Mark Walker

    @Gary – fantastic post….I’m always envious of people who get that organised – I’m working on it! One question from an anally retentive loon…..what size cards do you use? (yeah, I know, I need to get out more…..)

    I have a love/hate relationship with index cards – well I don’t really hate them….just haven’t quite found the best approach to our relationship yet). I love the concept and used it a few times, but never really have the space to “spill out” with them and really use them to their full potential..I can lay them all out on the floor, but then I have to collect them all up every time I finish a writing session (anyone with kids will understand the disaster waiting to happen if you allow kids and little bits of card on the floor to meet – bit like dropping water on a Mogwai)…so I usually just end up with a stack of cards that I use as a guide when drafting….nothing that couldn’t be done with a pen and paper to be honest.

    I also tried using the tool that Dave Trottier put up on his website that was the “concept of the card” but in a Powerpoint presentation….which doesn’t get you away from the computer but you can slip into slide sorter view and move “card” around really easily. Used that a couple of times and quite like it.

    Currently I am experimenting with a simple list of scenes in a word document – which kind of feels like I am de-evolving as a writer, but I will see how it goes – so far it seems to work…..but I am only planned out to the end of ACTI at the moment.

    It is a love/hate relationship as I can see myself coming back to the card eventually as it is such a useful tool…..I just need to make sure I can figure out a way to use them effectively….I’m just a bit behind you Gary…..playing the field before figuring out the best approach for me! ;-)

    Dave’s Story Sorter is available……here!


    Gary Holler

    @Shaula – Thanks for the kind words. If you’re the one responsible for the Twitter link, I love the reworking of the title. I remember that picture of that magical table but I forget the writer.

    @Mark – I use 3×5 cards. The colors are arbitrary. That’s just what comes in the pack. As for cork, I started with two 3’x2′ boards that were like $10. I used black tape to create sections for eight sequences. Once I started working with cards exclusively, I had to double my board space.

    With the new office I’ll have in my home, I’m considering buying enough rollout cork from Flex-a-chart to cover one whole wall. That would be cool.


    Mark Walker

    Gary, I’m planning on a small lottery win to convert the attic into office space…. ;-)

    If I had the space I would do the same, and make as much use of that space as possible. (we did have a room, but I turned it into a miniature home cinema before I was writing seriously).

    Not sure my wife would let me put some cork boards up in the living room or bedroom!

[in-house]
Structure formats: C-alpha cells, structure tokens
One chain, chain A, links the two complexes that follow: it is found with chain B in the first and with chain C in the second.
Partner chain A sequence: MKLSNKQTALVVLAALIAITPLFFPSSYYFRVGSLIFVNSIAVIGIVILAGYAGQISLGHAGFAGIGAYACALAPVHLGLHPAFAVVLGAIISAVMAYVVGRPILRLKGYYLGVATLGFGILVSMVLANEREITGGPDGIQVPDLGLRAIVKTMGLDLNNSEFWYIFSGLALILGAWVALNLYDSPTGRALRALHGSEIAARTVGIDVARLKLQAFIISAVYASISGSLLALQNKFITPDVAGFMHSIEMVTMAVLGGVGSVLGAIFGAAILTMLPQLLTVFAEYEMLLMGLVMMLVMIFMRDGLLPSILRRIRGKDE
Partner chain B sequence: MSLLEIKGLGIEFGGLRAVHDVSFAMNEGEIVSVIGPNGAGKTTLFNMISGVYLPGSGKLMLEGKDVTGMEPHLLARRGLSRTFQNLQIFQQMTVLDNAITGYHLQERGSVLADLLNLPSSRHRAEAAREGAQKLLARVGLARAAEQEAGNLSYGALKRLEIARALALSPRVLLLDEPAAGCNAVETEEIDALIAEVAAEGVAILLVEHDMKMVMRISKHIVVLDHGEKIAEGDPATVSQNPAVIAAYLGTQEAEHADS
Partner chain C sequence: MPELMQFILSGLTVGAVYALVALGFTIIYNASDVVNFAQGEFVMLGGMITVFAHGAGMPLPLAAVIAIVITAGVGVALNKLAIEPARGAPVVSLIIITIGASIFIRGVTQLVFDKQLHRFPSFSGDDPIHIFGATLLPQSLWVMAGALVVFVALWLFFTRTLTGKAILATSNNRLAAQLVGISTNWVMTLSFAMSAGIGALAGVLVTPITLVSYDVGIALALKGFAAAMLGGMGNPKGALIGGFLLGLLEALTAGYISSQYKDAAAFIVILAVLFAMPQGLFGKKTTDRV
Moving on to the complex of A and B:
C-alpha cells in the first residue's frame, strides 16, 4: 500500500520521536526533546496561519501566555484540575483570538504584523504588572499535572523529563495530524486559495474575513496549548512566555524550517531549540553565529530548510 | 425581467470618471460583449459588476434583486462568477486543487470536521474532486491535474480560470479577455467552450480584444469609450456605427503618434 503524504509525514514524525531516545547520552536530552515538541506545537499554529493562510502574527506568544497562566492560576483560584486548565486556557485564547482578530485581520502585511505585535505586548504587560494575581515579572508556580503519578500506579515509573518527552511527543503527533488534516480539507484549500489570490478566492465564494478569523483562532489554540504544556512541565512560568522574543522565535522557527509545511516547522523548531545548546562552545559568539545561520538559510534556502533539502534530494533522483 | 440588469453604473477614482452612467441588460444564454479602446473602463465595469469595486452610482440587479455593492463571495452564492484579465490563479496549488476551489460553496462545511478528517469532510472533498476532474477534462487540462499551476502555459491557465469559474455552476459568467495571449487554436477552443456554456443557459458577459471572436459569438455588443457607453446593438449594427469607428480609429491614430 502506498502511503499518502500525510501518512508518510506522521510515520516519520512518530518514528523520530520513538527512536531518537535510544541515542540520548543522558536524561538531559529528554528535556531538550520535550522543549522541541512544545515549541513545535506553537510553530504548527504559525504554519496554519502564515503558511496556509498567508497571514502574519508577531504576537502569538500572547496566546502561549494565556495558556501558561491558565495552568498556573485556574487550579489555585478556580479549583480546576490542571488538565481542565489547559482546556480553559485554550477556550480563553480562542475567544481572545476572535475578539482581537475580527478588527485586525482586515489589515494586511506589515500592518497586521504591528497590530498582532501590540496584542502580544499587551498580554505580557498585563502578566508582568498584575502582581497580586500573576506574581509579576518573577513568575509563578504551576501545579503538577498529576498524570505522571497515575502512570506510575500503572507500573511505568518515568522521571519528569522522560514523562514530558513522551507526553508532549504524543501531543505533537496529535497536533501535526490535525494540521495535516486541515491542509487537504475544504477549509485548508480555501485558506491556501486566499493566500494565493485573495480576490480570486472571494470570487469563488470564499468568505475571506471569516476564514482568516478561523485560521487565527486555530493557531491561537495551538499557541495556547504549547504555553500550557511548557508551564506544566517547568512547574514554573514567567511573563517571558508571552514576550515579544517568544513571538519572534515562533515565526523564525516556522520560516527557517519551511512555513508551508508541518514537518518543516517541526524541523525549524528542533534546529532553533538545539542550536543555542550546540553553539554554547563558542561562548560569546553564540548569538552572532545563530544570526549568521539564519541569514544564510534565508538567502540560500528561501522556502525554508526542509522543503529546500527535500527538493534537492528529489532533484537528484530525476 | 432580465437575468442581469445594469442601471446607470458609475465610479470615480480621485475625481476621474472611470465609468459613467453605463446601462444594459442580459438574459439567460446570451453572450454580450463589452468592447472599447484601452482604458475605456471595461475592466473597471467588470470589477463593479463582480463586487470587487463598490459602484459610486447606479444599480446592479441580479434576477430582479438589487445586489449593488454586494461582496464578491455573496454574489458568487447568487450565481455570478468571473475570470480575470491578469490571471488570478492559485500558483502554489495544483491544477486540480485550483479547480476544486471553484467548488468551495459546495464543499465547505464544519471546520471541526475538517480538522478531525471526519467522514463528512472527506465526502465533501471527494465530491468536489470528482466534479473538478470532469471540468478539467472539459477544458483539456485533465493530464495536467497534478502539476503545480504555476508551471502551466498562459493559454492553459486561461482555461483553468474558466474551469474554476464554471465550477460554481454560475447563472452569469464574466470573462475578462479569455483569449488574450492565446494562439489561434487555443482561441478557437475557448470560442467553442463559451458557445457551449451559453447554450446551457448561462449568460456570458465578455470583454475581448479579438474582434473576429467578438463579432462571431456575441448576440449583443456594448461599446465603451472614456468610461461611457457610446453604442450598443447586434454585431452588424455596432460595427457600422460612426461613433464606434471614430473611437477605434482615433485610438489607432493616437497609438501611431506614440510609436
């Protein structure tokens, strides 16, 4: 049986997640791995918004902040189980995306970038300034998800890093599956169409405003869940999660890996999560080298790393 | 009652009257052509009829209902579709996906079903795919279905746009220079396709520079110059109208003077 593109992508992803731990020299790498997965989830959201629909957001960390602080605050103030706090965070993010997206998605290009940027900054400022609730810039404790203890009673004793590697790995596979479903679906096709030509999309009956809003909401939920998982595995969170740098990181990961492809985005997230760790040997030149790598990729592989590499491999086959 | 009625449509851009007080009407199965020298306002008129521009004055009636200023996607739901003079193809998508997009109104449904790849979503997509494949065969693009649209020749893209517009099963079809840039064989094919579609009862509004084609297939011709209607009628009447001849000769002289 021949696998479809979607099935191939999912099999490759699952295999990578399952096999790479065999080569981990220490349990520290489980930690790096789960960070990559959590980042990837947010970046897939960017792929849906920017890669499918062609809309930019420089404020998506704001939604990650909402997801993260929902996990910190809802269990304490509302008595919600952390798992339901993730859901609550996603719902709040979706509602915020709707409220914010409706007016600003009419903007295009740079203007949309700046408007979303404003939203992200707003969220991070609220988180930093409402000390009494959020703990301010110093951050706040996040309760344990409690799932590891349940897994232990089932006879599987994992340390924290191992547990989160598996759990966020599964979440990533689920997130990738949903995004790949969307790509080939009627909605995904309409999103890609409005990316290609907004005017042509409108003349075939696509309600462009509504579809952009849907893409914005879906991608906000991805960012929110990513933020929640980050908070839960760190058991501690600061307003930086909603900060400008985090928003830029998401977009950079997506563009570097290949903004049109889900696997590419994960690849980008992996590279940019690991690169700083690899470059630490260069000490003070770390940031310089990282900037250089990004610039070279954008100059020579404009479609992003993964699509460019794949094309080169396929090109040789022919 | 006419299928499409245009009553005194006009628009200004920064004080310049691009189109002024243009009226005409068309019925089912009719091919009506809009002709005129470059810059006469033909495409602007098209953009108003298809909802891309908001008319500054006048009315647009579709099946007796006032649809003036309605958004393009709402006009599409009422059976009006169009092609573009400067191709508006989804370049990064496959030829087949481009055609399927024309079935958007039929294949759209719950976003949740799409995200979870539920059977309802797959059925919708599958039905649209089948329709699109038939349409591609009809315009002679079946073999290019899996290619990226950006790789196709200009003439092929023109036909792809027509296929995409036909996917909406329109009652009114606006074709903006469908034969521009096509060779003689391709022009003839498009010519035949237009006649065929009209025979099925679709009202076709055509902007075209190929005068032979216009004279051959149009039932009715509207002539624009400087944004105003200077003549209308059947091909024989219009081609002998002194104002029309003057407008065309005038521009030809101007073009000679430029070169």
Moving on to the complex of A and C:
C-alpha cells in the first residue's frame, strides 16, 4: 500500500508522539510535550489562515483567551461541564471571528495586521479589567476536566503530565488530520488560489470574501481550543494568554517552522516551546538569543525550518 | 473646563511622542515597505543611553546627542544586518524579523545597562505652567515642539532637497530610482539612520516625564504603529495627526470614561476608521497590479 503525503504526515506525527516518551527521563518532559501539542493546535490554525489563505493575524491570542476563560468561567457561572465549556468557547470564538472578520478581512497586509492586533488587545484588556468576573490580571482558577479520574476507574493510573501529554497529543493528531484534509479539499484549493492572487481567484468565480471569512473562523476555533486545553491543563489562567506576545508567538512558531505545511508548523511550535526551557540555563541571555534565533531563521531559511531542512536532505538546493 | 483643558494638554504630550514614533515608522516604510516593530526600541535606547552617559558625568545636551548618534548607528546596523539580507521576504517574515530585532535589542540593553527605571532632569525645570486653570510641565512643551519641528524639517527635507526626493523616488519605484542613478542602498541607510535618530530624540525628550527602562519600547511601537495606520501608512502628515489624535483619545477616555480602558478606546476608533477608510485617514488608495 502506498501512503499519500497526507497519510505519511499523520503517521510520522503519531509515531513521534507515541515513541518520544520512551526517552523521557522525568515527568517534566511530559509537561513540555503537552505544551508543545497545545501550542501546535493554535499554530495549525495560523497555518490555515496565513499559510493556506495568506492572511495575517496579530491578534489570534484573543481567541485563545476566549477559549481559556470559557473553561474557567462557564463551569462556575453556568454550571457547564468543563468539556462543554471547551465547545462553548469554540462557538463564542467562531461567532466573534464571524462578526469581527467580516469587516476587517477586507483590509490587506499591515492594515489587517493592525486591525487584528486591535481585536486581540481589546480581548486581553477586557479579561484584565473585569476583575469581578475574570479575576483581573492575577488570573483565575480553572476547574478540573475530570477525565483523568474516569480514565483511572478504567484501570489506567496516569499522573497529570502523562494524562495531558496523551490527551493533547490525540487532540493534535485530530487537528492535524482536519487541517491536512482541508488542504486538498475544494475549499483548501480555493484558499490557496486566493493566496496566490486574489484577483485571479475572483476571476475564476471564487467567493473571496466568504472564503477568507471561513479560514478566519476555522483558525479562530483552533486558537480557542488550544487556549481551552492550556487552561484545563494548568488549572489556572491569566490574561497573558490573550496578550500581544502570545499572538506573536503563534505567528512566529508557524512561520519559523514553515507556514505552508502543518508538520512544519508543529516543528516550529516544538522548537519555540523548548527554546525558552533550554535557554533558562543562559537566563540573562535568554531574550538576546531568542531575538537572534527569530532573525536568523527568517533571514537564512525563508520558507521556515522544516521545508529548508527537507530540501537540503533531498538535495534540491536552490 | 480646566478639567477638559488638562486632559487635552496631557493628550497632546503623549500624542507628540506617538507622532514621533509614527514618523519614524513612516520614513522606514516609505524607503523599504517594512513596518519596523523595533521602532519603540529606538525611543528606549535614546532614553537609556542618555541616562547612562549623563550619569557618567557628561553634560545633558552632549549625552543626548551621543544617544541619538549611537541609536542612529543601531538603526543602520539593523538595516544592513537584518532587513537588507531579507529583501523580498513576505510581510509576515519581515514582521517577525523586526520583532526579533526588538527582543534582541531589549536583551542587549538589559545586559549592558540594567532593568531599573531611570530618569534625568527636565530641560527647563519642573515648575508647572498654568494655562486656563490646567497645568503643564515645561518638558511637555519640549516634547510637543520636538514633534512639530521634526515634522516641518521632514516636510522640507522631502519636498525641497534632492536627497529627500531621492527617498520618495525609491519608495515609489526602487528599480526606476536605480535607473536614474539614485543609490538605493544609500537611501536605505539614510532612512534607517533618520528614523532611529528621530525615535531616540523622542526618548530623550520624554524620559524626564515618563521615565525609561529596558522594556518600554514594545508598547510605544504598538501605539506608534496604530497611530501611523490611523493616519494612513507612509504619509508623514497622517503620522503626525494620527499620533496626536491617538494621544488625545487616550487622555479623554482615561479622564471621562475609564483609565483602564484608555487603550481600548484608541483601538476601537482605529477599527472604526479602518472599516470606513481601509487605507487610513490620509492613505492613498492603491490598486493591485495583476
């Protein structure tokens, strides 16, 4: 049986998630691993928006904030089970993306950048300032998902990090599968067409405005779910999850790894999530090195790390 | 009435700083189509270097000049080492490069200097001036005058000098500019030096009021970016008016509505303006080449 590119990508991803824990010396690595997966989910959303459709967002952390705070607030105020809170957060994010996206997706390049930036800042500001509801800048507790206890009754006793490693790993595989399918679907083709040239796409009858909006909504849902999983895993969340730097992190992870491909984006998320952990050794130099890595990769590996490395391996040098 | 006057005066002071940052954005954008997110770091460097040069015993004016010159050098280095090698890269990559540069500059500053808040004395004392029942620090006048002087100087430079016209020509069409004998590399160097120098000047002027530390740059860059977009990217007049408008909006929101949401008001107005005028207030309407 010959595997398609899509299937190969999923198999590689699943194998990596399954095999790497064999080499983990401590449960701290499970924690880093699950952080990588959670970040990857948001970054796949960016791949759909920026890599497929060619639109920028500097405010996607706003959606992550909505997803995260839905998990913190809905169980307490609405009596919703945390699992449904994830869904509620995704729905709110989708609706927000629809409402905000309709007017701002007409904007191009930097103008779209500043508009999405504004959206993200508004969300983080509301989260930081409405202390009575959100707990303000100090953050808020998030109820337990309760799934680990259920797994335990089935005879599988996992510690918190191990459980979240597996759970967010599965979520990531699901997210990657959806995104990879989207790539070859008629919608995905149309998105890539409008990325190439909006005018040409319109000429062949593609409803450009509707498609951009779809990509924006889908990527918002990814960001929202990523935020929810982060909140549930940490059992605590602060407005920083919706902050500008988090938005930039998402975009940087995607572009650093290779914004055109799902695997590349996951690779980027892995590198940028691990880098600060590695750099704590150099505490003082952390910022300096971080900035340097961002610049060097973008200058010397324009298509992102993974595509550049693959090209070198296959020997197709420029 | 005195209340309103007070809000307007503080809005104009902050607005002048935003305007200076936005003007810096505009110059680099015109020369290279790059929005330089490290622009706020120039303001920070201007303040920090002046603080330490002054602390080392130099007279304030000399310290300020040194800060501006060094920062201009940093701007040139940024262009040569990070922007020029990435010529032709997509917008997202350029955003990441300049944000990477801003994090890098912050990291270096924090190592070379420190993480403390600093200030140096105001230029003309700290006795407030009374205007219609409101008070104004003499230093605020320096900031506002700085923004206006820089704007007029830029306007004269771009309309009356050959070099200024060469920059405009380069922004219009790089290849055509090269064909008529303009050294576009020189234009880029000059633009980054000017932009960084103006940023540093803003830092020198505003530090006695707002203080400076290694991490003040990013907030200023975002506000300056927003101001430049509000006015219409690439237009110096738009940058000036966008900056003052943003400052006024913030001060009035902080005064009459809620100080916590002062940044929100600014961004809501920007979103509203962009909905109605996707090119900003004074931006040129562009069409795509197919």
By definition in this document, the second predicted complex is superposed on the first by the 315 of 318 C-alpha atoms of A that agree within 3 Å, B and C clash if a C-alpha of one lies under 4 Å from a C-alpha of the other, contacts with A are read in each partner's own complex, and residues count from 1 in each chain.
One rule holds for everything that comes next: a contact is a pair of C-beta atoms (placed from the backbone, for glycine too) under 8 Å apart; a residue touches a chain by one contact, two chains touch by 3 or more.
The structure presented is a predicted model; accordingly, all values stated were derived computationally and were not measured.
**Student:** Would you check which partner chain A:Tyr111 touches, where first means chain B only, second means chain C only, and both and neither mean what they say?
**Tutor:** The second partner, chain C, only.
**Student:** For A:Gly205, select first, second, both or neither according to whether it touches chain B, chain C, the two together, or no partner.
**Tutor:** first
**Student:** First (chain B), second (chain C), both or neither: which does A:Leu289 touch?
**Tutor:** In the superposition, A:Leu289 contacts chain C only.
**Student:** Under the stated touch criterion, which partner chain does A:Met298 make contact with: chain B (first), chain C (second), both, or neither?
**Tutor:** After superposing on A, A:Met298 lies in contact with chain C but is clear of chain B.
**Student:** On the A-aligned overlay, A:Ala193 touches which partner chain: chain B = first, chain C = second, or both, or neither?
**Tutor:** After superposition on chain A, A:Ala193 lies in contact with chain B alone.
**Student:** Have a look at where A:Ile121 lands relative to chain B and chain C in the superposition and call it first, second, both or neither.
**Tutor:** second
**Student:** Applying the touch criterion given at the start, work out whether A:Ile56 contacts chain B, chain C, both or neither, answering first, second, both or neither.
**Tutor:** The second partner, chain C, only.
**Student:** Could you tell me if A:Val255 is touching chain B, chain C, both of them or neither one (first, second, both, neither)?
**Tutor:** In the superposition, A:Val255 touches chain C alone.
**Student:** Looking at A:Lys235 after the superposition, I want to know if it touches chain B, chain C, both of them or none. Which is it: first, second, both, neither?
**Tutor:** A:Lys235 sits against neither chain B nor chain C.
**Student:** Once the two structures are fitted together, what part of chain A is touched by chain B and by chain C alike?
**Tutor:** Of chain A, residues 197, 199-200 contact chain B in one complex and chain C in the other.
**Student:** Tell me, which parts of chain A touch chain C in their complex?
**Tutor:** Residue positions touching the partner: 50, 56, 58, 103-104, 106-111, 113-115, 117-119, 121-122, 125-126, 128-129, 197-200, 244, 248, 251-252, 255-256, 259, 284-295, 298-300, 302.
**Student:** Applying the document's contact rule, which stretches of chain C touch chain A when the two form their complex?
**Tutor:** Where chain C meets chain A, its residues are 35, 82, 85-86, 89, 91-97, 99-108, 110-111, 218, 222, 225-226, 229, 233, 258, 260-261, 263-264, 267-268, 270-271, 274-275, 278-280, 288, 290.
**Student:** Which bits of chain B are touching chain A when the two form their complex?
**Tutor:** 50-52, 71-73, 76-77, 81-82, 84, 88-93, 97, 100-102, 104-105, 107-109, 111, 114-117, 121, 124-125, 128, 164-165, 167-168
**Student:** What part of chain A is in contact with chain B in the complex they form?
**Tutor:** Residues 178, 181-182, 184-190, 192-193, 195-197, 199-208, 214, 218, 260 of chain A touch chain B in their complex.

One thing that might help some people – and which I first read about in Save the Cat, was the use of an artist’s portfolio as a portable, foldable cork wall….I might go back to thinking about that, as it can be folded up and slipped away under the sofa!



    twitpic from F. Scott Frazier (The Numbers Station)

    board and index cards.

    pretty good illustration of working the timeline and setting up the board.



    If I had the space I would do the same, and make as much use of that space as possible.

    Mark I used to wish I had more space and one day starting sticking them to the doors. Obviously you’d have to consult your wife first and arrange them above child grabbing height.

    I had notions about getting myself a vast dedicated wall, but eventually realised that my yearning for an extensive cork board was just another form of procrastination.

    *Reclines on couch* That’s when the O.C.D. symptoms first started.

    [TQA–Your post-it notes are the office-supply cousins of index cards and they “count” for the purposes of this discussion, before you get worried.]

    I actually dispensed with post-its a long time ago. I found them not fit for purpose. They’re inclined to curl. And fall off. So I ditched them in favour of record cards I found in the supermarket. They’ve changed the proportions of said record cards recently but they still work the same.

    (whispers to Mark. Try Tesco’s stationary aisle. They’re cheap. Don’t want to advertise but that’s where I get mine having searched around. I have a batch set aside for my next writer’s meet. I love them so much and want everyone to share the love.)

    They’re not sticky but I remedy that with this amazing tool called sellotape. They still fall off.

    But sometimes that adds to the story.

    I wish you could see the doors.  But seriously I’d ask any cohabitors first.

    I toyed with a colour coded system for a while, even got these little sticky things. But it just made me procrastinate, so I ditched them too. They are pretty though.

    But yeah I’m all about the low tech. For some reason when I do the same with the note cards on the computer it never has the same effect.